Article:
and methodological weaknesses, and suggest directions for further research.
5. You may use Google or other web search engine to look for relevant research, in addition
to scanning journals and books. However the web should never be a substitute for
consulting original articles published in scholarly, peer-reviewed journals and in books.
Also, resist the temptation (in a “googled” world) or simply providing urls to various web
sites, particularly if they are not associated with a scientific institution. And of course, no
“pop” psychology articles, blogs, or non peer-reviewed journal papers please!
6. Present the results of at least 2-3 key studies. The number is less important than the
amount and importance of the information that the studies yield.
Format of Term Paper
Write a 15 page paper, with the following sections:
Introduction, including Outline of Paper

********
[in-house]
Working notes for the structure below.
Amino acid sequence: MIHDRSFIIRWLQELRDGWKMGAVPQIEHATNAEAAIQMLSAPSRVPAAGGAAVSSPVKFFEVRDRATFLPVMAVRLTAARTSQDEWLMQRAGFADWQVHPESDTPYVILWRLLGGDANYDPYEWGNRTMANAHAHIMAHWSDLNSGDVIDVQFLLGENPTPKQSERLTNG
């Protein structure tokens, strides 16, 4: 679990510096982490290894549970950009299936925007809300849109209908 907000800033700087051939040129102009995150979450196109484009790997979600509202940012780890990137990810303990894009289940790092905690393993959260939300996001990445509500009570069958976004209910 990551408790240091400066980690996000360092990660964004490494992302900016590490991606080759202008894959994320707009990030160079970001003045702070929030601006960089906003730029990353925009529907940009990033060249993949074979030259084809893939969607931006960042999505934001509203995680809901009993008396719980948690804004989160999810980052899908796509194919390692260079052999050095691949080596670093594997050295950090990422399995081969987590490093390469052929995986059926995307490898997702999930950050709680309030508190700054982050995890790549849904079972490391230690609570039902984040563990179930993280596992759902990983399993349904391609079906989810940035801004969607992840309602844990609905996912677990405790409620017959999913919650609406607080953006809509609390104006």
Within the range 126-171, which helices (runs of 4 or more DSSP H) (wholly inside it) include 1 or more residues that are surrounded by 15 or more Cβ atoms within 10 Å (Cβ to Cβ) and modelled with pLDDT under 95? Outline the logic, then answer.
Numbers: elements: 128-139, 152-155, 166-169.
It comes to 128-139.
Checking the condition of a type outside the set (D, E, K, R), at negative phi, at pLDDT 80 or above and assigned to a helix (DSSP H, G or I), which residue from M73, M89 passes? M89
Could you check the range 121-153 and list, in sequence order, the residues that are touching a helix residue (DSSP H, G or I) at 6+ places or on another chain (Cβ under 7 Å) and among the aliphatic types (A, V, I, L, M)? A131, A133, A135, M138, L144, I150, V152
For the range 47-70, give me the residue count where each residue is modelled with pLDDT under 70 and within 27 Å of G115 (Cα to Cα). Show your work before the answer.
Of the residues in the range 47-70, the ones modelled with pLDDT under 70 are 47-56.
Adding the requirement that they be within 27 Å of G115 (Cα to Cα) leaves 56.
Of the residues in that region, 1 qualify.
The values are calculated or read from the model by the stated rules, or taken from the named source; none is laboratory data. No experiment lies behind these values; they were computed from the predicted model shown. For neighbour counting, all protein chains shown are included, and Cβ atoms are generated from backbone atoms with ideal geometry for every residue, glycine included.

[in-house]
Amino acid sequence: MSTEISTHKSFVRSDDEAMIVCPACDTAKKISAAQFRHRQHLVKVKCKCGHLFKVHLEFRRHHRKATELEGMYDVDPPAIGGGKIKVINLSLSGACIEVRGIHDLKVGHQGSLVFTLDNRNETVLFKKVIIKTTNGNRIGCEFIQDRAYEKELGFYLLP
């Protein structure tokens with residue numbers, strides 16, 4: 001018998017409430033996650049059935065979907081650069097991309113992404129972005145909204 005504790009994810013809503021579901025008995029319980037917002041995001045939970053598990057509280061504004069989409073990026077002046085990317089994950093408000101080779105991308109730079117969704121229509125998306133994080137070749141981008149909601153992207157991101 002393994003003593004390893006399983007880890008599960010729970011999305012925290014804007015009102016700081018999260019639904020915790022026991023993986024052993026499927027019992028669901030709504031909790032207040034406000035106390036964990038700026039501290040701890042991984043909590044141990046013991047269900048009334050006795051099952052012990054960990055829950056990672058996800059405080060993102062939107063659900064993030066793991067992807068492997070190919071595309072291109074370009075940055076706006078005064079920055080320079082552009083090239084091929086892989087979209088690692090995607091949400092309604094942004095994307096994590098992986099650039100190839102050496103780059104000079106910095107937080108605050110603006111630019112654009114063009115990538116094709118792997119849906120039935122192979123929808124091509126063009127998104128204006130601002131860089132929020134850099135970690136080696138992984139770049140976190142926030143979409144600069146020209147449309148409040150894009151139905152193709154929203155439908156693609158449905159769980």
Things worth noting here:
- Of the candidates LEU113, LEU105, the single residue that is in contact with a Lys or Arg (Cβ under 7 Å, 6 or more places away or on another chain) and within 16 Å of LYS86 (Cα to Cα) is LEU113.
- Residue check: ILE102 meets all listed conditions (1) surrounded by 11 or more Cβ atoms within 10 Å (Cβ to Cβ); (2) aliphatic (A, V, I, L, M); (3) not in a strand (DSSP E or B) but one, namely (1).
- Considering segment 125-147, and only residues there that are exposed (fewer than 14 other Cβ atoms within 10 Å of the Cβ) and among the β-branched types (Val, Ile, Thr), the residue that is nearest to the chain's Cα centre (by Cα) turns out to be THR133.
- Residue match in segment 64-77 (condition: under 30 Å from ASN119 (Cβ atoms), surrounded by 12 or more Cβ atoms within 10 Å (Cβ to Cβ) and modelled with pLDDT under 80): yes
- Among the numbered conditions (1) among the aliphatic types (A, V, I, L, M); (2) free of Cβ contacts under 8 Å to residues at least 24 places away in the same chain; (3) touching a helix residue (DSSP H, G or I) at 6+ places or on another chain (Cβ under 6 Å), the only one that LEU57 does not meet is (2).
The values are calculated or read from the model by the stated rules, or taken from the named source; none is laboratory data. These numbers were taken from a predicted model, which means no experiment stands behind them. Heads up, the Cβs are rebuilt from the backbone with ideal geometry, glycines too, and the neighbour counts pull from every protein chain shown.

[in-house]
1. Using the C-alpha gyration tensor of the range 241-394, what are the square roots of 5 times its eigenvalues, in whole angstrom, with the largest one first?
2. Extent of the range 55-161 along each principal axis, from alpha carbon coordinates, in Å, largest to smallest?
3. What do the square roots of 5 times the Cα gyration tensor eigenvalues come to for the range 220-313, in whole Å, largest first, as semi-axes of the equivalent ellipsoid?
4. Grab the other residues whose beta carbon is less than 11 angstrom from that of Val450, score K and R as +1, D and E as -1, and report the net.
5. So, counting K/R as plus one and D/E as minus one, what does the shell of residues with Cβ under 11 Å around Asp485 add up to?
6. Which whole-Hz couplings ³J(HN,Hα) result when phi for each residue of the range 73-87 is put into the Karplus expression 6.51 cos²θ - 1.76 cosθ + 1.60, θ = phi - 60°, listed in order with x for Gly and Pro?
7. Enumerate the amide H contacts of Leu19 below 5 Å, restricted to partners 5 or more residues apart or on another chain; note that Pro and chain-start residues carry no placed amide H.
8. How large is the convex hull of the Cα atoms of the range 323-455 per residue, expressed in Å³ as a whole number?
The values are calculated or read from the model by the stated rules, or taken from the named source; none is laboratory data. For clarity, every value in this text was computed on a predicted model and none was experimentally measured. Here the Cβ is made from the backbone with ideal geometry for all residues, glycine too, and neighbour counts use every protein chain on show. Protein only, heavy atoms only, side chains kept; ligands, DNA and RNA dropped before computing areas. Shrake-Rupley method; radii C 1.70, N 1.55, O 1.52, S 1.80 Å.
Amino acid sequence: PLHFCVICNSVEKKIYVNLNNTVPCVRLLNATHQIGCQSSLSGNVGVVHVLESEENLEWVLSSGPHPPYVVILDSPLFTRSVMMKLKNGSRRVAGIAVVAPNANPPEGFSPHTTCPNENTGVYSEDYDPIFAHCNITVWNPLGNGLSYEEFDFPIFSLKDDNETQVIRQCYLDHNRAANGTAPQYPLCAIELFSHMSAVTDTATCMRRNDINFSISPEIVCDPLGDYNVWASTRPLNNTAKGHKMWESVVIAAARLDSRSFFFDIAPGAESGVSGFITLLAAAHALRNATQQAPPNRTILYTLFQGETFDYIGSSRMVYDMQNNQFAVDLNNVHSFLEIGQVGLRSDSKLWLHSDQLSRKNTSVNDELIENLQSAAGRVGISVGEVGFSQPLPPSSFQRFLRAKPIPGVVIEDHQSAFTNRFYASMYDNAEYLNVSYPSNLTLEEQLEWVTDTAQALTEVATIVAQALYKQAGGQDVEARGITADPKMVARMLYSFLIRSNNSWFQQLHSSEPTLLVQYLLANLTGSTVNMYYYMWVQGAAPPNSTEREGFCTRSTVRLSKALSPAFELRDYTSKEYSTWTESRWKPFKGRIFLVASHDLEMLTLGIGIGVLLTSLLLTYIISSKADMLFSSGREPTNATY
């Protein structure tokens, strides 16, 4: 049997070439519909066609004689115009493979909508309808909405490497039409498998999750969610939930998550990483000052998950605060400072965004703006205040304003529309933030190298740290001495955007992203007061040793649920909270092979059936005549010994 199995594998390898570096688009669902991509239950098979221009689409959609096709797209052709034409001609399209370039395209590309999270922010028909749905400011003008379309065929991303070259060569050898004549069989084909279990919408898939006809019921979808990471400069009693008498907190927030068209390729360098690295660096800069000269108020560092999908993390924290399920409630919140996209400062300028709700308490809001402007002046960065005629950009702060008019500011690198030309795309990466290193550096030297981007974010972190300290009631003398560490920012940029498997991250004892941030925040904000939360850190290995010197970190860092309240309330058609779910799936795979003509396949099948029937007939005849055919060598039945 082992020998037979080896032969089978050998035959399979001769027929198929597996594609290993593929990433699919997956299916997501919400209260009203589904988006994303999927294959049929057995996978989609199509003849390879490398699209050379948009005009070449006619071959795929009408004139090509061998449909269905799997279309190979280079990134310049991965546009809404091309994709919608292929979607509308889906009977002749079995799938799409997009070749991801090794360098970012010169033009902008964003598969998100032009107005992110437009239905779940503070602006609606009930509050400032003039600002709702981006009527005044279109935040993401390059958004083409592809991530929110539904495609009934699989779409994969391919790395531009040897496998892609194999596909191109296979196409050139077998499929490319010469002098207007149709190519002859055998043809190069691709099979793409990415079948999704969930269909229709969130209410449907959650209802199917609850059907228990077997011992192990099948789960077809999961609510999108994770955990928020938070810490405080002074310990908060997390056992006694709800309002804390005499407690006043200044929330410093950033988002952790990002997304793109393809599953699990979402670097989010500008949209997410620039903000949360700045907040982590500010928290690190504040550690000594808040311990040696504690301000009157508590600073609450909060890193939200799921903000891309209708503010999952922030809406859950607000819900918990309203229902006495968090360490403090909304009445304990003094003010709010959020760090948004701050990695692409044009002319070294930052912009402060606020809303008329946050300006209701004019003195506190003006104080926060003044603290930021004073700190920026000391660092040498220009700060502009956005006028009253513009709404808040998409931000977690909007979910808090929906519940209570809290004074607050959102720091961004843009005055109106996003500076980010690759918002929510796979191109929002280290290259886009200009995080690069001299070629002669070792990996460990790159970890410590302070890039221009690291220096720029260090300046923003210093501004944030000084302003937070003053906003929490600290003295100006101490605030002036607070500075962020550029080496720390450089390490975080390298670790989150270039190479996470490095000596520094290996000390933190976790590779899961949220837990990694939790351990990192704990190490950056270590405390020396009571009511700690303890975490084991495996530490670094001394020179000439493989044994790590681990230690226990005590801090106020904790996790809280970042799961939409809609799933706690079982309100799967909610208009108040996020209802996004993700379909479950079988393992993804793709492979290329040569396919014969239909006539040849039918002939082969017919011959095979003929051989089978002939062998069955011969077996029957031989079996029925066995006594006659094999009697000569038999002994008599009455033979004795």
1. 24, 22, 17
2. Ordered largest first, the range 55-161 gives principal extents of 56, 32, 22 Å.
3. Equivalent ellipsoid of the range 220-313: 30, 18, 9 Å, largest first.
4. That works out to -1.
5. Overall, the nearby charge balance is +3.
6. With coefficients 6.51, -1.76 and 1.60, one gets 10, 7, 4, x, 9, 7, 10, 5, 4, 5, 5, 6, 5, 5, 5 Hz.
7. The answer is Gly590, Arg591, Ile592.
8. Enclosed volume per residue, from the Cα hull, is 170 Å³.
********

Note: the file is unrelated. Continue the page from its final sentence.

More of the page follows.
Section 1, 2, 3, etc
Use sub-sections as necessary. You can use APA style or any other style appropriate to a
Topics in Previous Years
Are faces special? Evidence from neuroimaging, neuropsychology, and computational models.
The false memory debate: Cognitive and brain imaging analyses
Components of visual imagery: Evidence from PET, fMRI, and TMS
Computational, neuropsychological, and brain imaging studies of vigilance
Hot and cold cognition: Inter-relationships of cognition and emotion revealed by PET
Cognitive neuroscience of musical expectancy and harmony
Brain mechanisms of implicit memory: Evidence from normal and brain-damaged adults
ERP and computational studies of selective attention
FMRI and behavioral studies of procedural learning
Multi-tasking and the brain: From basic neuroscience to neuroergonomics
Plasticity and degeneration in memory: Evidence from computational models in Alzheimer’s
Useful Journals to Browse
Brain and Cognition
Brain and Language
Cognitive, Behavioral, & Affective Neuroscience
Cognitive Brain Research
Electroencephalography and Clinical Neurophysiology
Human Brain Mapping
Journal of Cognitive Neuroscience
Journal of Clinical & Experimental Neuropsychology
Journals of Experimental Psychology
Journal, International Neuropsychology Society
Journal of Neurophysiology
Journal of Neuroscience
Nature Reviews Neuroscience
Proceedings of the NY Academy of Science
Trends in Cognitive Science
Trends in Neuroscience